by MARTY DEMAREST & r & & r & Rock Band & r & Rated Teen; PSP, PS3, 360, Wii & r & 5 Stars & r & & r & & lt;span class= "dropcap " & "O & lt;/span & K if you write a review of this," Jeff said, plugging cords into his Xbox 360, "you can say the sign-in basically sucks."

I found Rock Band where most videogame sleeper hits are located: at a friend's house. Jeff and Jozey (who run a superb burrito shop) had sprung for the $160 game that comes with a plastic guitar (which I was holding), drum set (where Skylar sat spinning sticks) and microphone (held by Jeff as he stretched out its cord).

Jozey, who was playing bass in Rock Band using a compatible Guitar Hero II guitar, signed in to her Xbox account, clicking through what seemed like half a dozen menu screens on the TV. Then Skylar signed in using the drums. Then Jeff signed in. Then me. After a sign-in process that basically sucks, we were ready to rock.

"Don't Fear the Reaper" was the first song that I ever heard Jeff sing. I was concentrating on pressing my guitar's color-coded frets, so I couldn't fully appreciate his performance. But his voice ranged from a holler to something actually soulful. I was able to find the song's groove as much by watching him cock his hips as by watching the TV screen. Glancing at Skylar, I saw his sticks flying up and down on the colored plastic drum pads in a synchronized flurry with my strumming.

Jeff tapped his microphone like a tambourine. Jozey and I rocked our guitars back simultaneously, unleashing a flurry of psychedelia on the widescreen. We fled through "Run to the Hills." (Did we get four stars? Five stars? Details are hazy.)

Jeff and Skylar got in a minor argument between sets about costumes. Skylar wanted to wear a new T-shirt he had picked up after a concert. "It takes too much f***ing time," Jeff whined, turning towards the screen. Our onscreen rocker personas waited -- a group of lingerie-clad, trashy girls. "We spent the first day just customizing them," said Jeff. "Getting them tattoos and s***."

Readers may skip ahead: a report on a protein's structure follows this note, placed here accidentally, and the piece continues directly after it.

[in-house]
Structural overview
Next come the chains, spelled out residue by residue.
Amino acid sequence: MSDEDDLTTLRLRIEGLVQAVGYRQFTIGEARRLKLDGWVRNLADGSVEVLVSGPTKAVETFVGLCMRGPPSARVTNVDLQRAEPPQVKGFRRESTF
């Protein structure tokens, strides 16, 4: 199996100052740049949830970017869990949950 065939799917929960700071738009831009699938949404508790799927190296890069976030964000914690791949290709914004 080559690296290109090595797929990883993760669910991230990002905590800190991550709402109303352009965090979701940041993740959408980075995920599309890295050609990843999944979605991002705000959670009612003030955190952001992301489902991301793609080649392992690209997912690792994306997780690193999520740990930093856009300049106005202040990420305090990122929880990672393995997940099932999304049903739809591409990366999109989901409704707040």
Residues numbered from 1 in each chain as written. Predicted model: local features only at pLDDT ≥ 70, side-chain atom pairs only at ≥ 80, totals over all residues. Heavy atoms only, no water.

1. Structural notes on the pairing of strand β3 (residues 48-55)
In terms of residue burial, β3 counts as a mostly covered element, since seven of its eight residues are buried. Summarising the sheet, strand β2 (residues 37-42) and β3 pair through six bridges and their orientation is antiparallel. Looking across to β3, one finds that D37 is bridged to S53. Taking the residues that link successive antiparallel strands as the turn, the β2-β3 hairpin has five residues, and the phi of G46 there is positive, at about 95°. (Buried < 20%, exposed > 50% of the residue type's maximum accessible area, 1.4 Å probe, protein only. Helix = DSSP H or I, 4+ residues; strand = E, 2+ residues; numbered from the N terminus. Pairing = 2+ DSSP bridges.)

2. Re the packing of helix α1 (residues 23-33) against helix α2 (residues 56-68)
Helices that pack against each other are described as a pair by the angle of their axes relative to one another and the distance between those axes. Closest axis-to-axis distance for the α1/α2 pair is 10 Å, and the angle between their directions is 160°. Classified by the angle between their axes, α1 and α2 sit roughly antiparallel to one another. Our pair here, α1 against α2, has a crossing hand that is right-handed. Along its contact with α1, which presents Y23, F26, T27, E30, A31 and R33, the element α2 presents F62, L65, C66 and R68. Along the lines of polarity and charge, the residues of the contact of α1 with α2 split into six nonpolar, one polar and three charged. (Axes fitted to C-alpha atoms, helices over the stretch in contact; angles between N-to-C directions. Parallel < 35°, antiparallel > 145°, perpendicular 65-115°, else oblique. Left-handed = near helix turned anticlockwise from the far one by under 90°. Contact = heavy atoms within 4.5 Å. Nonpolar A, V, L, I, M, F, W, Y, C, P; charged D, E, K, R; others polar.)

I flipped through the game's playlist, selecting a song. "No, not that one," Jeff said. I explained that if I was going to write a review, I was going to have to mess around and see Rock Band's weirder corners. Jeff rolled his eyes. "OK, close the f***ing door." He didn't want anyone to know he covered Jon Bon Jovi's "Wanted Dead or Alive."

"Should I get out my jeans jacket?" he asked as I started to noodle through the opening guitar riff. Skylar and Jozey joined in.

"I'm a cowboy," Jeff droned flatly, obviously not feeling the Bon Jovi. "On a steel horse I ride...."

THE GOOD: Rock Band offers a degree of humiliation that only karaoke can provide.

THE BAD: Redgy, who's an excellent bassist in a real rock band, sat on the sofa watching with disdain. We were all playing a videogame that made lame people look like rock stars, without the work, sacrifice or skill. Posers, yes we were. But we rocked.

THE BOTTOM LINE: Rock Band is a slick, rock-rules videogame that gets better the more you practice, the more people show up for practice, and the more fun you try to have.

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